Originally aired: November 11, 1980
Written By Lesa Kite & Cindy Begel
Note: I watched this episode for review off of a DVD-R. When I returned to it the next day for screenshots, it wouldn't play past the first two minutes. So, rather than include screen shots of the credits or Mr. & Mrs. C watching Perry Mason, I went without. As soon as I get a replacement copy, I'll add screenshots. Also, one or two points might be a little vague as I can't re-watch the episode.
What Happens: Mr. Cunningham is afraid that Joanie and Chachi are getting too serious in their relationship. He asks Joanie to take a Chachi-related moratorium. Joanie agrees. But, when Chachi shows up with Beach Boys tickets, it's too good to resist. Jenny Piccalo (in her first on-screen appearance) tells Joanie's parents that Joanie is staying with her for the night. The young couple goes to the concert in Chicago. It's awesome. (They played "Chug-A-Lug!")* But, their car breaks down on the way home. And, they must spend the night at a cheap motel... in the same room... with only one bed.
What I Saw & What I Thought: No Tell Motel is a very good opening to the first season without Richie and Ralph. It explains (in a slightly shoehorned manner) where they've gone (the Army) and puts the romance of Joanie and Chachi in the forefront, while giving the Fonz good stuff to do. It's funny, which always helps. It introduces us to Jenny in the most streamlined fashion. She is 1) boy crazy as she chases Potsie and 2) she plays by her own rules and always courts trouble. Erin Moran and Scott Baio are both very good in this. One could see how a spinoff might be created around these characters.
It's also a very odd opening episode because it wasn't meant to be the opening episode. The next one (Live and Learn) had that original honor. And that episode makes more sense in this spot. In that episode, Fonzie returns from a trip to Italy for the summer and begins teaching. Henry Winkler was now the main star of the show. So, that settles it nicely. But, the producers decided to go with this one. Which throws some chronological rocks into the mix (the timeline is-- this episode-- then The Fonz goes away for the summer-- then he returns for the next episode?) but puts the romantic plot-line at the front. It also does shortchange Richie and Ralph by limiting the talk about them to the opening scene.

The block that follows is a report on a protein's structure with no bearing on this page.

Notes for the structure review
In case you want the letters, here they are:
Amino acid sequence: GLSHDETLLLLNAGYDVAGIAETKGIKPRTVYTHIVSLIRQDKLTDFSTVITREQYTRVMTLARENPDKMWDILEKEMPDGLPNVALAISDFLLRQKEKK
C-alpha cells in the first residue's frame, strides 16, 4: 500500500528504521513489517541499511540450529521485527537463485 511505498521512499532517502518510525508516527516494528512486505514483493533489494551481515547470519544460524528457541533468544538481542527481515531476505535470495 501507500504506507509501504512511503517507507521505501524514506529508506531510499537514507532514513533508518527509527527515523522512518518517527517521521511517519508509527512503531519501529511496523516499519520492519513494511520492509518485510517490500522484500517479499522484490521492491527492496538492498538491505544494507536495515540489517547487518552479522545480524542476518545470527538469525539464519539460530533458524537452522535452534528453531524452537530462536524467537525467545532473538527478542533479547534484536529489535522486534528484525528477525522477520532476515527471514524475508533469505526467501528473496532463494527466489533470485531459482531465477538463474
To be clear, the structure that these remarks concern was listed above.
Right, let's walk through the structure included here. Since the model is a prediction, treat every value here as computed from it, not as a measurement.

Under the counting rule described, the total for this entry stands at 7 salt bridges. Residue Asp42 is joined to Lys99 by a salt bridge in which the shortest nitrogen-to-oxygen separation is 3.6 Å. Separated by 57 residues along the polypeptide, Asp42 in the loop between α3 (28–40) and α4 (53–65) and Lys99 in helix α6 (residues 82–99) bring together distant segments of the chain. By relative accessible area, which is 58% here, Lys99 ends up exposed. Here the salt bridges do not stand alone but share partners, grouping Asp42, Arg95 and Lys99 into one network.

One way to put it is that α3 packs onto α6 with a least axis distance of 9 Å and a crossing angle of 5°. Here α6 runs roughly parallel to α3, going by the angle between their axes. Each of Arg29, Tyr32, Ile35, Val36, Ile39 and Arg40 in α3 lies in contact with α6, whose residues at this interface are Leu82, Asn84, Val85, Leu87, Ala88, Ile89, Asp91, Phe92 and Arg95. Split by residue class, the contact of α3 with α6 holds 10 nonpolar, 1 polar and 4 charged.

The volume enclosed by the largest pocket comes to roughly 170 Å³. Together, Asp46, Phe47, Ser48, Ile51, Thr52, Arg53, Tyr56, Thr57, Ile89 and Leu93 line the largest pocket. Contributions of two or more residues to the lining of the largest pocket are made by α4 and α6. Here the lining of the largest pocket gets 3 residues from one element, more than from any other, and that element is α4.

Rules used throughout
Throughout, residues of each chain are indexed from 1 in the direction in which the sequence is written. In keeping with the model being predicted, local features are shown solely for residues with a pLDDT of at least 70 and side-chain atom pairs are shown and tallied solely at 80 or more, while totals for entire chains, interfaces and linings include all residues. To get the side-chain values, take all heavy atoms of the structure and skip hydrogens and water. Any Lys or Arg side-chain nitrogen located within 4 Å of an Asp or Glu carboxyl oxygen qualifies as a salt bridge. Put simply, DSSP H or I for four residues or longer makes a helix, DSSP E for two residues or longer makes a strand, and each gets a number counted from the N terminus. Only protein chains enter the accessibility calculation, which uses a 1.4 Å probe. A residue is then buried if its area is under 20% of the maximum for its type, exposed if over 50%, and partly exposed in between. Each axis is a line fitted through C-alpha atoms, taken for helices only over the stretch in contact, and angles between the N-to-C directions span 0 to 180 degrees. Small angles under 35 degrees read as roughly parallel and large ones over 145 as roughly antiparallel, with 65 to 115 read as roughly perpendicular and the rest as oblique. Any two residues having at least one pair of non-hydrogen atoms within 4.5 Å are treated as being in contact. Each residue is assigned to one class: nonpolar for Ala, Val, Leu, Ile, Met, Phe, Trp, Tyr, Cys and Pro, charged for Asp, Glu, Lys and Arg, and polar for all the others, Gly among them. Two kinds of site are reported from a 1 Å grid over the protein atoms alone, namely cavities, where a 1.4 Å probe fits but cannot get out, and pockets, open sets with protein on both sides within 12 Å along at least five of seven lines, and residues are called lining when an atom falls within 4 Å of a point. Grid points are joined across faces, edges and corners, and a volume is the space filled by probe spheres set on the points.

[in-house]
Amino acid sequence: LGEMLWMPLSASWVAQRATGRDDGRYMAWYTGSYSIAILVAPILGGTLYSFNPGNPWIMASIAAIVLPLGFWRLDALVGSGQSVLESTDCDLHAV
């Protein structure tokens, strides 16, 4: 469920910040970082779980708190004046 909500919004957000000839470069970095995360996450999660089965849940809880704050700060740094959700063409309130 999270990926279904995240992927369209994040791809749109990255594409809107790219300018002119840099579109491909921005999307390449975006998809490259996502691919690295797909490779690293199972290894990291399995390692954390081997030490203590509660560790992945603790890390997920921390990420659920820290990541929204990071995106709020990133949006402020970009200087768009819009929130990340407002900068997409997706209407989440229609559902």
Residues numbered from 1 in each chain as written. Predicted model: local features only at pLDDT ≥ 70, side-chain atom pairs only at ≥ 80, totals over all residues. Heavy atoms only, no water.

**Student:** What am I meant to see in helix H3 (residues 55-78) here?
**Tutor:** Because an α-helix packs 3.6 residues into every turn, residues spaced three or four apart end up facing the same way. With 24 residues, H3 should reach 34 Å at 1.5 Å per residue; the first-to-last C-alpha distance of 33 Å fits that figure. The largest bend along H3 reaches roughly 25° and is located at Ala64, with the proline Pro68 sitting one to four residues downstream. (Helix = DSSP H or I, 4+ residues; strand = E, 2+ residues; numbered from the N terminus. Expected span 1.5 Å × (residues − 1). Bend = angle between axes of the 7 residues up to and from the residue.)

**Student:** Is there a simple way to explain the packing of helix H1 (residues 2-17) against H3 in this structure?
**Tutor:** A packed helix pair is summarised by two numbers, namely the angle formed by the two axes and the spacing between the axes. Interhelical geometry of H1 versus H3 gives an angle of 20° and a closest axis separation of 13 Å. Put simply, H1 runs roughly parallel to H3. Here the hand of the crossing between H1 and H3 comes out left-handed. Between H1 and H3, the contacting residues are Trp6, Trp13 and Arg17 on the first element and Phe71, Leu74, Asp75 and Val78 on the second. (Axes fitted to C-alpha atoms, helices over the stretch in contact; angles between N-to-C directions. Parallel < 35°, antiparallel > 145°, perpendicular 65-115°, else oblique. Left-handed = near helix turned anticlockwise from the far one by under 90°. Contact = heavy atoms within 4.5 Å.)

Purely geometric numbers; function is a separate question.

There was no sign at the end of the previous season that they were leaving. The last episode of Season 7 is Ralph's Family Problem, which gives Ralph some good stuff to do but doesn't hint at what would happen here. Plus, that episode was actually made early in that season. Halfway through Season 7, Arnold's burns down and goes from 50s diner to 60s Swiss chalet. But, in Ralph's Family Problem, it's the old Arnold's. The episode before that one, The Roaring Twenties, only features Richie. Everyone else is in Fantasy Scenes from the 1920s. More will be made of Richie going away as the season goes on but this episode doesn't make much of it.
(America had to wait for two big TV cliffhangers to get resolved in the summer/ fall of 1980. Who Shot J.R.? and What happened to Richie and Ralph? We just didn't know about the second one until after it happened and the guys were no longer around.)
At this point, Joanie & Chachi haven't been together too long, episode-wise. So, there's an excitement to their romance. It doesn't have all the bickering and angst that would come out in Season 9 and in Joanie Loves Chachi. They're just two kids having fun. Yes, Mr. C is worried. but, isn't he always? It turns out that when they arrive at the motel their biggest worry is that Joanie's reputation will go down the toilet. There's some fun slapstick around trying to get comfortable in the room but not too close to each other. And, when the Fonz shows up everything, of course, gets awesome. The conceit that they can sneak off to Chicago and see a concert without Joanie's parents knowing but they will not sleep chastely in a large motel bed is lovely and very innocent and very Happy Days.
Turns out that if you want pervs, just ask Mr. C to get you one. He sets up Joanie on a date with one of his hardware store employees. The man is a super nerd! Except when he's alone with Joanie. Then, he's a pervy monster. And, Mr. C is worried about Chachi? Chach is always a gentleman, Mr. C. Like the Fonz.
No Tell Motel puts us into the Brave New World of the show post-Richie fairly smoothly. Joanie and Chachi are the cute couple. The Fonz is the Fonz. Jenny appears as she will remain. And the gradual reduction of Potsie's character has begun. For folks who felt that the show was about Richie, it all ended an episode ago. But, if the show is actually about the Cunningham family, then it's only right that Joanie (who we first saw when she was so young) steps up to the plate and gets her time to shine. And in a very different character arc than her brother had.
*That's a lie. No setlist is provided with the episode.